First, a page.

Taylor named director of National Survey of Student Engagement

Leonard Taylor has been named director of the National Survey of Student Engagement (NSSE). The appointment begins in July. He will also join the Higher Education and Student Affairs program as an associate professor. 

Taylor’s work focuses on investigating and improving how student success commitments are enacted at higher education institutions. Through research, teaching and consulting, he works to understand and interrogate how administrators, faculty and staff members, and other post-secondary stakeholders use research, data and promising practices to enhance post-secondary outcomes. His work has been funded through the National Science Foundation, the Bill and Melinda Gates Foundation, Lumina Foundation, College Student Educators International (ACPA), as well as other national and local entities. 

“I am very excited to join the IU community during this next chapter of my journey. IU, specifically the Higher Education Student Affairs (HESA) program and National Survey of Student Engagement, have made an indelible impact on higher education scholarship and practice. I am excited to be part of such a rich academic environment with such wonderful colleagues. As a student success scholar, I am especially excited for the opportunity to lead NSSE and its talented team in supporting the quality and vitality of colleges and universities,” Taylor said.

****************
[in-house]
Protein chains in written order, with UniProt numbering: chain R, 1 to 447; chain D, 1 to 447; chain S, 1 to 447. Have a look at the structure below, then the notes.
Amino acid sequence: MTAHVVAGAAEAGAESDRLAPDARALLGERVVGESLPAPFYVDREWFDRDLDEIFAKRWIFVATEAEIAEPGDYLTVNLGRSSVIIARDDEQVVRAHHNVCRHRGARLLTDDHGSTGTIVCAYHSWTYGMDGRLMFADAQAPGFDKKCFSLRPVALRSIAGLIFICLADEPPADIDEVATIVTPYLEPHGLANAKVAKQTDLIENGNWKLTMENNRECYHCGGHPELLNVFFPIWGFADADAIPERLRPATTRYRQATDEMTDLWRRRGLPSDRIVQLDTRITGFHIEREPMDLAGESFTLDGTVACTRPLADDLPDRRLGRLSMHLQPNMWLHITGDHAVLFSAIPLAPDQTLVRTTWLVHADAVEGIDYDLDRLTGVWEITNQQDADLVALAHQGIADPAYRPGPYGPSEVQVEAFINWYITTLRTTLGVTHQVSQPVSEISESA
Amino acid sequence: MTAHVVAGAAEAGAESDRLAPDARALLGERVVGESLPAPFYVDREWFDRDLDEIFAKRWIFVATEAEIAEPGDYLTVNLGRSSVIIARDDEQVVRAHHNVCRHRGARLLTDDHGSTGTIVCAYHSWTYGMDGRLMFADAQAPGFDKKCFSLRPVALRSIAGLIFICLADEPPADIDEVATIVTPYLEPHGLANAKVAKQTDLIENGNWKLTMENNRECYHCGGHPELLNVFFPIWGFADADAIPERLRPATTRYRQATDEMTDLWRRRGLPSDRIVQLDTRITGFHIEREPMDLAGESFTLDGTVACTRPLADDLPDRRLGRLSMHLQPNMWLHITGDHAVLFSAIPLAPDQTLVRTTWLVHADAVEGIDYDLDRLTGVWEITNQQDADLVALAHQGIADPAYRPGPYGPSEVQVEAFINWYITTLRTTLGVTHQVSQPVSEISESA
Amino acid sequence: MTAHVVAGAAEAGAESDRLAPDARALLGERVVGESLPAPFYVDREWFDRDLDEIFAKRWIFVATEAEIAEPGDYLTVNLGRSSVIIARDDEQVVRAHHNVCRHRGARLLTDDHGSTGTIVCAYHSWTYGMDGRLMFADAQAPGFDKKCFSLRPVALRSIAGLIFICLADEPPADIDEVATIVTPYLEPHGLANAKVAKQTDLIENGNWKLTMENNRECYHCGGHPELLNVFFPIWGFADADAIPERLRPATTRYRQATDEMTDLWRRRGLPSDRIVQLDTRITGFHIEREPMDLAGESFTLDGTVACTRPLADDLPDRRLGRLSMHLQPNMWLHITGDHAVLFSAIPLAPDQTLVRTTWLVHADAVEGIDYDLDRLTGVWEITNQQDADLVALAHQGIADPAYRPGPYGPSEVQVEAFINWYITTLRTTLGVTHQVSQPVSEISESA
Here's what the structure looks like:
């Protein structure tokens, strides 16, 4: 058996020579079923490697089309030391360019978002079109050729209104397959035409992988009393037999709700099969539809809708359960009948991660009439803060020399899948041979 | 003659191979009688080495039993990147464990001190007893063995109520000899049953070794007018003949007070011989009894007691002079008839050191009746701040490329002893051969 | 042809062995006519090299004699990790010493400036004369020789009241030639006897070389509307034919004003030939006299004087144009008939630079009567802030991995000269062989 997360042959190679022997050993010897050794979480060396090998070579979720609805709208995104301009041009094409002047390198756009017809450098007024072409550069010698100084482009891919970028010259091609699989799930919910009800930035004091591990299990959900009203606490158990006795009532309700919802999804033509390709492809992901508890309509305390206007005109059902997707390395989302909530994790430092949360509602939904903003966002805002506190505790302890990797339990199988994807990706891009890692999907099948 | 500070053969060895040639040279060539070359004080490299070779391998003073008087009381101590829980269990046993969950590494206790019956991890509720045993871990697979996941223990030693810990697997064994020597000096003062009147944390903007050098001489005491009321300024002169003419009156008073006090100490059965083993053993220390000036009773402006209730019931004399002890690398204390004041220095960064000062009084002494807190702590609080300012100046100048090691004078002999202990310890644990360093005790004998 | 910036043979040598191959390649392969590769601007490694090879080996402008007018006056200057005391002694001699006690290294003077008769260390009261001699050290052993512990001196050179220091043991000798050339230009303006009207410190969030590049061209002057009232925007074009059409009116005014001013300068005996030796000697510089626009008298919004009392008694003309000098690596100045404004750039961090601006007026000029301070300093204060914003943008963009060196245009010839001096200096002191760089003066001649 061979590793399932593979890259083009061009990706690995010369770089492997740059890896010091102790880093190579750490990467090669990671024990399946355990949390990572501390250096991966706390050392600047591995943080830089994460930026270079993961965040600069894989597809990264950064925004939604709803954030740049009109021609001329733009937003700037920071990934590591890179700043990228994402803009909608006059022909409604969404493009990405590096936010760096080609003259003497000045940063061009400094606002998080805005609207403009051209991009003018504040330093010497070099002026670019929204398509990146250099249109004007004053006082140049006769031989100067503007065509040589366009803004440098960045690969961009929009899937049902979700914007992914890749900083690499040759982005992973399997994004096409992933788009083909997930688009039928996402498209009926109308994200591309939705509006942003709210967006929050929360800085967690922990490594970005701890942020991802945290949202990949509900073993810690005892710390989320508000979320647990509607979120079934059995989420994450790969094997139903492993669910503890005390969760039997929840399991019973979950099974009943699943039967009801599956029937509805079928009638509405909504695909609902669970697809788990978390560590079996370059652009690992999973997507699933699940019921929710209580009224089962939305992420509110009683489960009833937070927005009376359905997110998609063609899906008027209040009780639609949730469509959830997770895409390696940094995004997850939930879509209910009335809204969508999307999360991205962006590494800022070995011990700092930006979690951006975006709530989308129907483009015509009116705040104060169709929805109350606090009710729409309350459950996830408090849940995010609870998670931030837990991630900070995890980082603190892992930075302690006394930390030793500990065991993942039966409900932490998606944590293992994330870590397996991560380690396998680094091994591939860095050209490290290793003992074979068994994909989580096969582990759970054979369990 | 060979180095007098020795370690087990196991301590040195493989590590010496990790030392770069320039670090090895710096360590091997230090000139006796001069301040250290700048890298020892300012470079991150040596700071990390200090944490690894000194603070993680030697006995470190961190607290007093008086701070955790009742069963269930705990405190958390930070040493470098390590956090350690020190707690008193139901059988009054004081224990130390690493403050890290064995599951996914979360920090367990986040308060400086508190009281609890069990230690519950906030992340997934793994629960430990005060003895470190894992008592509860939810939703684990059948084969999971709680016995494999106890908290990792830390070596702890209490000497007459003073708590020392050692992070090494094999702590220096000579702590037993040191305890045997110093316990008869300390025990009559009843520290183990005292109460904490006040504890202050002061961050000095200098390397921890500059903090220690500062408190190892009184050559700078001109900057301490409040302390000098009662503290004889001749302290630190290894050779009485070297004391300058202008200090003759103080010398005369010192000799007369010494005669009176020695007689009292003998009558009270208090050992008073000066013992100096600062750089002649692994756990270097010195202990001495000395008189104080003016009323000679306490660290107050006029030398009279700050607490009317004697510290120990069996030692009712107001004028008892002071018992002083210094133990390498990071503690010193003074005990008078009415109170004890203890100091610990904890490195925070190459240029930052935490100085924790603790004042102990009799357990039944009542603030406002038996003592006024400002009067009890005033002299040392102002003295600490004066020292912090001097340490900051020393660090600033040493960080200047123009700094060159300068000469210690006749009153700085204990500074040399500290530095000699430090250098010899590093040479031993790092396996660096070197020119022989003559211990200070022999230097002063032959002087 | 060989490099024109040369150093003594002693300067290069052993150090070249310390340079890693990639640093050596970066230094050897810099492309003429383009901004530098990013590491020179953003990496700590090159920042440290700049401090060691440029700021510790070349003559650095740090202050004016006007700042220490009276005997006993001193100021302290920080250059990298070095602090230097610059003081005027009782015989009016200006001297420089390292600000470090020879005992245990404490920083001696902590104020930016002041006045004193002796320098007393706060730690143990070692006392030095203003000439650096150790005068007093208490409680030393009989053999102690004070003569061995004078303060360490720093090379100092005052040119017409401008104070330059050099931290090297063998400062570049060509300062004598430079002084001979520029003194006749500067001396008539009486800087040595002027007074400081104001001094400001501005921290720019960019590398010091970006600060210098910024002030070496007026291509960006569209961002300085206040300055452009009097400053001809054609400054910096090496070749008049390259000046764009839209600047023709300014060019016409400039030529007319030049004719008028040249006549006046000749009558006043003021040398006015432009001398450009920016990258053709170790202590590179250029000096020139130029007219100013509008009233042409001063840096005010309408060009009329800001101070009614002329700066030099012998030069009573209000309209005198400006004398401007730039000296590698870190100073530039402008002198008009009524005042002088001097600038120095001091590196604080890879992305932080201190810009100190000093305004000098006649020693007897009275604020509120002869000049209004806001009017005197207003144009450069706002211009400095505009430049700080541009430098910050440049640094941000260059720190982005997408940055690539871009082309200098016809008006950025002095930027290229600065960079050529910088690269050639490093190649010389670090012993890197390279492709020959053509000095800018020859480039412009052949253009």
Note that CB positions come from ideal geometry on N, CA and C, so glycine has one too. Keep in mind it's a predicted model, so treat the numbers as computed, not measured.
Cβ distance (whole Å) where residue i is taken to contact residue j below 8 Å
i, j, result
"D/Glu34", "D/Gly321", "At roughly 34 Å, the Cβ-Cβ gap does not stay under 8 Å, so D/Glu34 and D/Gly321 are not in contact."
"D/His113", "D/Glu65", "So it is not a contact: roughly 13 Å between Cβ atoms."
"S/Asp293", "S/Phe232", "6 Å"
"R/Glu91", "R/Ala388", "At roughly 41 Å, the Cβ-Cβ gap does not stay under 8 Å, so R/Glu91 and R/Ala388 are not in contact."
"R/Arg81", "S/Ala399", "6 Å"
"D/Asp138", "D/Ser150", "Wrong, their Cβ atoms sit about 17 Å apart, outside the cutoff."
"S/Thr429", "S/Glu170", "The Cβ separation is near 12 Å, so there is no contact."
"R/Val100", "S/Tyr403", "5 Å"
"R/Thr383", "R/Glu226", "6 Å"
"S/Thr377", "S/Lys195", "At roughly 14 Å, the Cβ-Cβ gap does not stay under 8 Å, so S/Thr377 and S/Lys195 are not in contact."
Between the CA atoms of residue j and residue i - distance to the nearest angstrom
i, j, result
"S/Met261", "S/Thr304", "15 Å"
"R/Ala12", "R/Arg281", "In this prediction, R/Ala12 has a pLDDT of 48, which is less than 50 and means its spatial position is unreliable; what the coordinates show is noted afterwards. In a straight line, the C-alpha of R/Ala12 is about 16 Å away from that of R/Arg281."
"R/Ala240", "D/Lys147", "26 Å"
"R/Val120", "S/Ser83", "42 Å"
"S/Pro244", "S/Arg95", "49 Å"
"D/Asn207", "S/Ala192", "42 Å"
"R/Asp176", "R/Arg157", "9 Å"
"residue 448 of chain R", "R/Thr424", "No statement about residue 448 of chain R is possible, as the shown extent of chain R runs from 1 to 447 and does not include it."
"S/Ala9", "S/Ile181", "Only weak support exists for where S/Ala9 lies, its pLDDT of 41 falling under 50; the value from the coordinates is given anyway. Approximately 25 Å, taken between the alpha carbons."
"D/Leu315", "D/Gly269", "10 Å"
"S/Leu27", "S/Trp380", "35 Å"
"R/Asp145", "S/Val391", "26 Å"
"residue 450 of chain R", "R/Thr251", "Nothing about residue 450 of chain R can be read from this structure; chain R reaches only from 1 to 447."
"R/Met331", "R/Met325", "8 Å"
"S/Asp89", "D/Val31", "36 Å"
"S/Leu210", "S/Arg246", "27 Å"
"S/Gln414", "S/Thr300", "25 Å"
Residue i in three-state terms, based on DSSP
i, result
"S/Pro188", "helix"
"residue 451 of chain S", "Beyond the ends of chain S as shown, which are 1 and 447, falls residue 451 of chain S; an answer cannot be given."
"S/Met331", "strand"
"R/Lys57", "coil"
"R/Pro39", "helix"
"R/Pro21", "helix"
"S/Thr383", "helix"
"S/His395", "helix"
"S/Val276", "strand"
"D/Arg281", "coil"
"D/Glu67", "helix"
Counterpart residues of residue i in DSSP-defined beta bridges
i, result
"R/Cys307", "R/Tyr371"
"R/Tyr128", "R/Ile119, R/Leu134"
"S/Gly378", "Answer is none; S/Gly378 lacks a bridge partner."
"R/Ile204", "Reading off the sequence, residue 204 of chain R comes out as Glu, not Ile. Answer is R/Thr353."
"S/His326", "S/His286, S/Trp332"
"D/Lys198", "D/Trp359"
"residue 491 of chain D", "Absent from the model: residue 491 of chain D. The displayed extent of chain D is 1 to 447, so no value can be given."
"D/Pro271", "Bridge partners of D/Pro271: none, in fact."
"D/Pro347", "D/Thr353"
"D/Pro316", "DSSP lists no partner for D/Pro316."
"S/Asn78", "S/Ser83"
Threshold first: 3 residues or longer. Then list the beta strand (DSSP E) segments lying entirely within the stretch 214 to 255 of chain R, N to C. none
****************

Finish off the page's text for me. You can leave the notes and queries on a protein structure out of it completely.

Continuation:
NSSE, part of the Center for Postsecondary Research at the IU School of Education, is a trusted and widely used instrument for assessing the quality of undergraduate education. providing institutions diagnostic, actionable information that fosters and catalyzes evidence-based improvement efforts. NSSE annually collects information at hundreds of four-year colleges and universities about first-year and senior students' participation in programs and activities that institutions provide for their learning and personal development. The results provide an estimate of how undergraduates spend their time and what they gain from attending college.